The current Zika epidemic is expected to end on its own within three years

The current pandemic on the Latin American continent cannot be contained by the existing means of control, also conclude these British scientists from Imperial College in London, whose work appears Thursday in the American publication Science.

The Zika epidemic in Latin America is likely to go away on its own within two to three years and the next big outbreak is not expected to occur for ten years, researchers say.

The current pandemic on the Latin American continent cannot be contained by the existing means of control, also conclude these British scientists from Imperial College in London, whose work appears Thursday in the American publication Science.

The researchers underline the large number of gray areas which remain on this virus – responsible for cases of congenital malformations in infants – and others of the same family, such as dengue.

At this stage, there is no vaccine or antiviral against Zika, transmitted mainly by Aedes aegypti mosquitoes but which can also be transmitted sexually. Brazil is particularly affected, with more than 1.5 million people infected.

Depending on the mathematical model used, the next Zika virus outbreak is not expected to occur for at least ten years, but small outbreaks are possible in the meantime.

“Our analyzes suggest that the spread of the Zika infection cannot be contained and that the epidemic will go away on its own within two to three years,” said Professor Neil Ferguson of the Faculty of Imperial College Public Health, the main author of this work.

“This study uses all the data available to understand how this epidemic will evolve, which makes it possible to assess the threat,” he adds.

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Since the virus cannot infect the same person twice thanks to the immune system that produces antibodies, the epidemic has reached a stage where there are too few uninfected people for transmission to continue. , explain these researchers.

This is the reason why a new large-scale epidemic cannot restart for at least ten years, when a new generation has not yet been exposed to Zika.

This evolution is similar to that observed for other epidemics including that of chikungunya, a virus similar to Zika, for which explosive outbreaks have been observed followed by long periods with only a few cases.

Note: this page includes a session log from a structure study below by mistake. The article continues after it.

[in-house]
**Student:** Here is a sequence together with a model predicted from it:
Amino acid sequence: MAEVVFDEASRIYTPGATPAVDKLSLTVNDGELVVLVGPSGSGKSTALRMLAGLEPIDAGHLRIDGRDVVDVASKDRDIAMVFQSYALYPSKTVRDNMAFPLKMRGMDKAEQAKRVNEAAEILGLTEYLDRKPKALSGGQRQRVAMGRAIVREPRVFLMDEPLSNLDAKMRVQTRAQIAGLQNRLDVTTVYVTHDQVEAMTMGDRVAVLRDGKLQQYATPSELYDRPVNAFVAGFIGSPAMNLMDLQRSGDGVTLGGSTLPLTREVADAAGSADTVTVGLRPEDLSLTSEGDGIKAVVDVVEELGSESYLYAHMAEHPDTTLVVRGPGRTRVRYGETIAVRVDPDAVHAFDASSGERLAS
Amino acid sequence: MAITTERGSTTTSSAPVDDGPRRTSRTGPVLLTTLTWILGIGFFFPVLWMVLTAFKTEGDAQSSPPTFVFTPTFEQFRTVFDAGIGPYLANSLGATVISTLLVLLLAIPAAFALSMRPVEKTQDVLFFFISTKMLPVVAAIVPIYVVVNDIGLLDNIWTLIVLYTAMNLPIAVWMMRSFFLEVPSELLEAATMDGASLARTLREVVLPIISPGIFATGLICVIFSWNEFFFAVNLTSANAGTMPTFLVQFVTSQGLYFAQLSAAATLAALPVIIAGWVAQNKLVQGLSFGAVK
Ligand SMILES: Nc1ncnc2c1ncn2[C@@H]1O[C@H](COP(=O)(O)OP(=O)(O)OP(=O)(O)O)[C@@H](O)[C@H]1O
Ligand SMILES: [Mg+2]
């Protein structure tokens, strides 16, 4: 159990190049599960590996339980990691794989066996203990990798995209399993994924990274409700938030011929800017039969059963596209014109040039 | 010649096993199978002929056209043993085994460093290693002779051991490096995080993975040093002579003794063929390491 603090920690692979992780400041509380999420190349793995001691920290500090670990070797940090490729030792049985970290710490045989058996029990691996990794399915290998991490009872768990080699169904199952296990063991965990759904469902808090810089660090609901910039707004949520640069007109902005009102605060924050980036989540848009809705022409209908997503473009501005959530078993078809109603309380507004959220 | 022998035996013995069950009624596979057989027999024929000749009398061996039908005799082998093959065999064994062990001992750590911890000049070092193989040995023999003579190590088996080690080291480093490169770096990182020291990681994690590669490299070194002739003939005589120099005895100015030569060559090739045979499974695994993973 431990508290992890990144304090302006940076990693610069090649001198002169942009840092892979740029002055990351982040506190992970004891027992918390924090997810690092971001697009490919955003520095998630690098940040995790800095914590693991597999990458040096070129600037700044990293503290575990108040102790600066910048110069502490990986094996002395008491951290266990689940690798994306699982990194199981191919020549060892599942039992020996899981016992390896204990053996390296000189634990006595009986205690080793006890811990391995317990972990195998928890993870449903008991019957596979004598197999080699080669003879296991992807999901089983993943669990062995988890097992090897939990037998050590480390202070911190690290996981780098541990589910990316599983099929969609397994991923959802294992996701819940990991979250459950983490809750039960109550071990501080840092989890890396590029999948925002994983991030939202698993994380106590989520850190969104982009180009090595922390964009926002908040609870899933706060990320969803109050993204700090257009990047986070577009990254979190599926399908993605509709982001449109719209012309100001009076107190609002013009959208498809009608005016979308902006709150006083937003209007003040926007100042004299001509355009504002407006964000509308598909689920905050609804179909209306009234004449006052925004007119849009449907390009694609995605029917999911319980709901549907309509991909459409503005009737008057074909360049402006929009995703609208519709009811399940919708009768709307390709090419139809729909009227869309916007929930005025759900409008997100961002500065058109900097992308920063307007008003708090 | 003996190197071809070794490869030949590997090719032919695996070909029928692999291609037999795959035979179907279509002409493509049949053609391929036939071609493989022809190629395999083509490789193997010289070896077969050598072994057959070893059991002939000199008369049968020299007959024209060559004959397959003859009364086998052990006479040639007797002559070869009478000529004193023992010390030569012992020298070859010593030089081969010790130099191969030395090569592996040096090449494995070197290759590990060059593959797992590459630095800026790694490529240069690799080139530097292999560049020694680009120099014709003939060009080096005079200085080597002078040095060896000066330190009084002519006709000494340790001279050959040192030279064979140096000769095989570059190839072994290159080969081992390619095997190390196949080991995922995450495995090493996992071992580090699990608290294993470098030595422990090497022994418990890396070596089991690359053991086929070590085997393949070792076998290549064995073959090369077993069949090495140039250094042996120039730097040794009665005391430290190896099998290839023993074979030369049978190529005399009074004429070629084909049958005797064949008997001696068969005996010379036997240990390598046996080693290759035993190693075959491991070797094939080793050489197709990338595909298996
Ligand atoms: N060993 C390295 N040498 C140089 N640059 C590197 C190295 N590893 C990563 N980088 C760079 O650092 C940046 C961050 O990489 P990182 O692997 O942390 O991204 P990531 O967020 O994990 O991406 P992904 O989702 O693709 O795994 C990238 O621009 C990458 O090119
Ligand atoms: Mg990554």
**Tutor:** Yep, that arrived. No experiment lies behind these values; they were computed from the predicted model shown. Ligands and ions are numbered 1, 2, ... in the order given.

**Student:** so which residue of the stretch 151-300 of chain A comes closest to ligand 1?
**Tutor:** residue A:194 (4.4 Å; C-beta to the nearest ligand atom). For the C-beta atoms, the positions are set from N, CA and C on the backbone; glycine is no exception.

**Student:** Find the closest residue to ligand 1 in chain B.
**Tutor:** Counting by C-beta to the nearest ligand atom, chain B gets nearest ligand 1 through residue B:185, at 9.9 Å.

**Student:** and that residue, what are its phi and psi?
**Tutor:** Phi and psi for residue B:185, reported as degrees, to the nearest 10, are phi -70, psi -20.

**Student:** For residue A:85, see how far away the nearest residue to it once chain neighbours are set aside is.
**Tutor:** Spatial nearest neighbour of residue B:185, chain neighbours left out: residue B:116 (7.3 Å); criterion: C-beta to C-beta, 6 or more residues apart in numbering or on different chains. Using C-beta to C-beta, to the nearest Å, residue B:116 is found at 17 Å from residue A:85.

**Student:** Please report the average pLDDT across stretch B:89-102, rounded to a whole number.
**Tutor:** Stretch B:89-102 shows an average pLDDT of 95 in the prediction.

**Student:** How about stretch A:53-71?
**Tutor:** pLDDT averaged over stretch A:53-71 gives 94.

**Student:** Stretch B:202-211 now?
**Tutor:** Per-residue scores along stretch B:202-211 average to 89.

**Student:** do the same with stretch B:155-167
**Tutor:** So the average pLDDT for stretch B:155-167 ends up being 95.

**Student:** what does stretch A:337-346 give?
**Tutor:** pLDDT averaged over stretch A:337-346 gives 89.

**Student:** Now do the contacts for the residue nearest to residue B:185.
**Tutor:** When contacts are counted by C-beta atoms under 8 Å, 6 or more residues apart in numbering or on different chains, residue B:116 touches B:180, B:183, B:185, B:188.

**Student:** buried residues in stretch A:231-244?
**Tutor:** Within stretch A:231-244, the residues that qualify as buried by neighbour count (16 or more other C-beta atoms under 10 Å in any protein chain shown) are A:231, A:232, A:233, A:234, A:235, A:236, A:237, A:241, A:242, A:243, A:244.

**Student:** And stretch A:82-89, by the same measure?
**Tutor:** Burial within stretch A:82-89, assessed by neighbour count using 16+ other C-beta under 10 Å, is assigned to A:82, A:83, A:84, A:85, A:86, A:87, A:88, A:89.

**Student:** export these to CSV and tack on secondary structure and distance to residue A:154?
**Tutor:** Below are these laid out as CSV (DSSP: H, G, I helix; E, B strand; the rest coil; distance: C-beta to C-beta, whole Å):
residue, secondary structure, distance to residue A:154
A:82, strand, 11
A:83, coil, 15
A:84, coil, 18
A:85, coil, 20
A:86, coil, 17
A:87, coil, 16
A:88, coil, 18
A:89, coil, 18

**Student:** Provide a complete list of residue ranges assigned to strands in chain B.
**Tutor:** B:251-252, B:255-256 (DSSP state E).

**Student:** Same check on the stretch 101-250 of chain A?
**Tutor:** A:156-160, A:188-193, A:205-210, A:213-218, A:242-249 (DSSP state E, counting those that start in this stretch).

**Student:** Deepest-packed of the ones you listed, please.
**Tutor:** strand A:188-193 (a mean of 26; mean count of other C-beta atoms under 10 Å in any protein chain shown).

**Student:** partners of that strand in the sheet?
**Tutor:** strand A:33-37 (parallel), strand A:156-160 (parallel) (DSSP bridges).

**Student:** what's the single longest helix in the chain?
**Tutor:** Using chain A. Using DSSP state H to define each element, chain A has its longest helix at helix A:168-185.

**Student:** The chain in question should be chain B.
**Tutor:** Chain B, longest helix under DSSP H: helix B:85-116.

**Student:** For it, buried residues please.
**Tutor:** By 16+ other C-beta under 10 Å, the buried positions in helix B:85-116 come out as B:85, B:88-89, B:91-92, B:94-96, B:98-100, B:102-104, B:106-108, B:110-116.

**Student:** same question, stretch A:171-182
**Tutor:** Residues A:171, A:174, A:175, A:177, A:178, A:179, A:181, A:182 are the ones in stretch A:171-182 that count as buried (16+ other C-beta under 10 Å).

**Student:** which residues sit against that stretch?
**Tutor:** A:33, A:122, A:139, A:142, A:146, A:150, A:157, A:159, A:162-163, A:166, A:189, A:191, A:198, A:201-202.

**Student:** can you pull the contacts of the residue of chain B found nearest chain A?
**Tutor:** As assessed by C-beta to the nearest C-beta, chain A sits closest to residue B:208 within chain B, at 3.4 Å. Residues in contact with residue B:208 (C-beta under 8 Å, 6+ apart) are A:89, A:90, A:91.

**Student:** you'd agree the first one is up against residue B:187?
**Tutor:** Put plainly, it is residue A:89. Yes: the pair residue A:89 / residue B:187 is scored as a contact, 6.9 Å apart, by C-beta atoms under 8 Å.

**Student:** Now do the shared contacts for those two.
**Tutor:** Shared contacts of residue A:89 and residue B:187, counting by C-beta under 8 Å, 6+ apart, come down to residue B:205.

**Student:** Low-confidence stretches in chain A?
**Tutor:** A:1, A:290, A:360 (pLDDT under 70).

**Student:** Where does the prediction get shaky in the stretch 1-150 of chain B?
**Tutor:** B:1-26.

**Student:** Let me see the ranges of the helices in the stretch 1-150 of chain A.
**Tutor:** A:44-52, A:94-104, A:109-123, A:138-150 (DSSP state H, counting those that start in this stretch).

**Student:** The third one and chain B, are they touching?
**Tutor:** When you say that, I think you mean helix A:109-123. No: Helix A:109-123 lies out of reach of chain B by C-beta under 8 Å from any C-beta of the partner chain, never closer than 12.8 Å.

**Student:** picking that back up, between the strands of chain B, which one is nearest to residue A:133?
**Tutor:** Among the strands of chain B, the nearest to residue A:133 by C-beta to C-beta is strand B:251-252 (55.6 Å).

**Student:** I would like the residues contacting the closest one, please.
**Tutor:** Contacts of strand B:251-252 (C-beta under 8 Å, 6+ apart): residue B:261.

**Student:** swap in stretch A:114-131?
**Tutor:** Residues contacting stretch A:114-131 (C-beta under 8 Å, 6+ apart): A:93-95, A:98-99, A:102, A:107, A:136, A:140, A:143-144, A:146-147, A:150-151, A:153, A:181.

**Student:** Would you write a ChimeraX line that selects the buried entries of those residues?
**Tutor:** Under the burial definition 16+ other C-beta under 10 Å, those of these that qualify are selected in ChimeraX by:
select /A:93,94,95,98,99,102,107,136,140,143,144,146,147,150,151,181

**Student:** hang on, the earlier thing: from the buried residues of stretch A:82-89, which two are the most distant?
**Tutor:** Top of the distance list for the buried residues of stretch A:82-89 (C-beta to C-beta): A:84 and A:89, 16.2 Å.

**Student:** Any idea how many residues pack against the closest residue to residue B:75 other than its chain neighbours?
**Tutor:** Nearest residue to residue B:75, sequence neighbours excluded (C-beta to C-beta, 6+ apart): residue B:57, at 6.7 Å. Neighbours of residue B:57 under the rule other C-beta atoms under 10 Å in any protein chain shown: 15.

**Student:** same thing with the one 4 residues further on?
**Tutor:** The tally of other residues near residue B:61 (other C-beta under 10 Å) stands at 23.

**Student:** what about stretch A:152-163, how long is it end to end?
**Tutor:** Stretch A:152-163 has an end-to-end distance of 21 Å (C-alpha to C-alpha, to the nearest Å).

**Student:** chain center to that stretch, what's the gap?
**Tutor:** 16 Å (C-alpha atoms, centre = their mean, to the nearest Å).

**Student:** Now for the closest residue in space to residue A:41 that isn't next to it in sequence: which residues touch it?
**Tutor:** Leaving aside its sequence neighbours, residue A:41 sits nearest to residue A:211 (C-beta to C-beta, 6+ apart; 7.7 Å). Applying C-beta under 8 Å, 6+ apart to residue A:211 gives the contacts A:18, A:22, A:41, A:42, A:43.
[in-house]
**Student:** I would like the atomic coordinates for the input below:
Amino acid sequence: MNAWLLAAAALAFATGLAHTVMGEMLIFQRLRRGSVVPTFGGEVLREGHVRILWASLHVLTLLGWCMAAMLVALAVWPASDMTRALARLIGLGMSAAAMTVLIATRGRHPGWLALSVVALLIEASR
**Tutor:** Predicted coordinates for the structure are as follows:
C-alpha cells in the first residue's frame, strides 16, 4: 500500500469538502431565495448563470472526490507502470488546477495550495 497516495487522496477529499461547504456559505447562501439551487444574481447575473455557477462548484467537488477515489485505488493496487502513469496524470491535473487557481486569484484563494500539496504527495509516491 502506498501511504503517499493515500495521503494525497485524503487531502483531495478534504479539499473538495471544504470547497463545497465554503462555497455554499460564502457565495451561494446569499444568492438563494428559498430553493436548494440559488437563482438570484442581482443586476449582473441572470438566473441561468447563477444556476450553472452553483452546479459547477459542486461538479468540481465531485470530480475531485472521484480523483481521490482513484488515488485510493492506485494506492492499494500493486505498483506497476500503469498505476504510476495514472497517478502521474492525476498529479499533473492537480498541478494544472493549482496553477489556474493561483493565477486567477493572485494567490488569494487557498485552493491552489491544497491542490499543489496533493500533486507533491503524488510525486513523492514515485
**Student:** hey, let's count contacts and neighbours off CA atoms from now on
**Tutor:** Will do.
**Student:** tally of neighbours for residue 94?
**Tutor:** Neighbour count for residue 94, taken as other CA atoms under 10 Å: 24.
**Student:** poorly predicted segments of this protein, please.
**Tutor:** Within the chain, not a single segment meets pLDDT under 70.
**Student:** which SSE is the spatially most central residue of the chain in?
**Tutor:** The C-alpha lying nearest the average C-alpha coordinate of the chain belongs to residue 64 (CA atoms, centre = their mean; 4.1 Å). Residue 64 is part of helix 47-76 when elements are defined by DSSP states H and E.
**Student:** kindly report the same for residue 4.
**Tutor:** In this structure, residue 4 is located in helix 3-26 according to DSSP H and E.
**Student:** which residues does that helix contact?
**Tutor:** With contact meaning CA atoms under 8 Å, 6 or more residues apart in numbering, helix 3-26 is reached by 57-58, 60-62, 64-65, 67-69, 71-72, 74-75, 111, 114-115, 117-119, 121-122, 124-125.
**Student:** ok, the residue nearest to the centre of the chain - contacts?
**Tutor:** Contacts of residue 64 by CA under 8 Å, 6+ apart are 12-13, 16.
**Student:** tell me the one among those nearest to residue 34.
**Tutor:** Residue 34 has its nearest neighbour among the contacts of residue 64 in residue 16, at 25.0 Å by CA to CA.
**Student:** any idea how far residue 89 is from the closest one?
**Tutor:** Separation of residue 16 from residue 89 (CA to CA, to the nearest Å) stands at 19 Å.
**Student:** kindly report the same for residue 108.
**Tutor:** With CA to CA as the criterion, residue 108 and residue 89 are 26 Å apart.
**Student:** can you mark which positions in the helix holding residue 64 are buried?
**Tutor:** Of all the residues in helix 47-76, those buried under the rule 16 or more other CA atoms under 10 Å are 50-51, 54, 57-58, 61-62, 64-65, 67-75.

– Questions about vaccines –

The end of the Zika epidemic would of course be a good thing, but would also pose problems for the ongoing development of vaccines, notes Professor Ferguson.

“If our projections are correct, the number of Zika cases will have significantly decreased by the end of 2017 or even before and this means that we will then have vaccines ready to be tested and not enough cases of infection in the population to do so. clinical trials “, fears Neil Ferguson.

There are also many unanswered questions about Zika.

“Despite the fact that we have known about the existence of this disease for almost 70 years, we were totally surprised by this outbreak, accelerating our research to try to understand how Zika so quickly invaded South America”, comments Justin Lessler, an epidemiologist at the Johns Hopkins American School of Medicine in Baltimore, co-authored a perspective on Zika published in Science.

The virus was identified in 1947 in Uganda in monkeys and the first case of human infection was confirmed six years later in Nigeria.

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One possibility to explain the rapid spread of Zika in South America would be the climate since the epidemic coincided with the resurgence of the warm equatorial current of the Pacific El Niño, the researchers note.

The fact that these populations have already been exposed to dengue – a virus from the same family as Zika – could also have played an important role in this epidemic.

Several studies thus suggest that a previous exposure to dengue fever could amplify an infection by Zika.

Zika has attracted the attention of world health authorities because of the serious risk it presents for pregnant women because it can cause irreversible birth defects, especially microcephaly in the fetus, insufficient brain development.

In adults, the infection is in most cases mild, often going unnoticed.

In rare cases, it is linked to Guillain-Barré syndrome which can cause momentary paralysis.

With AFP

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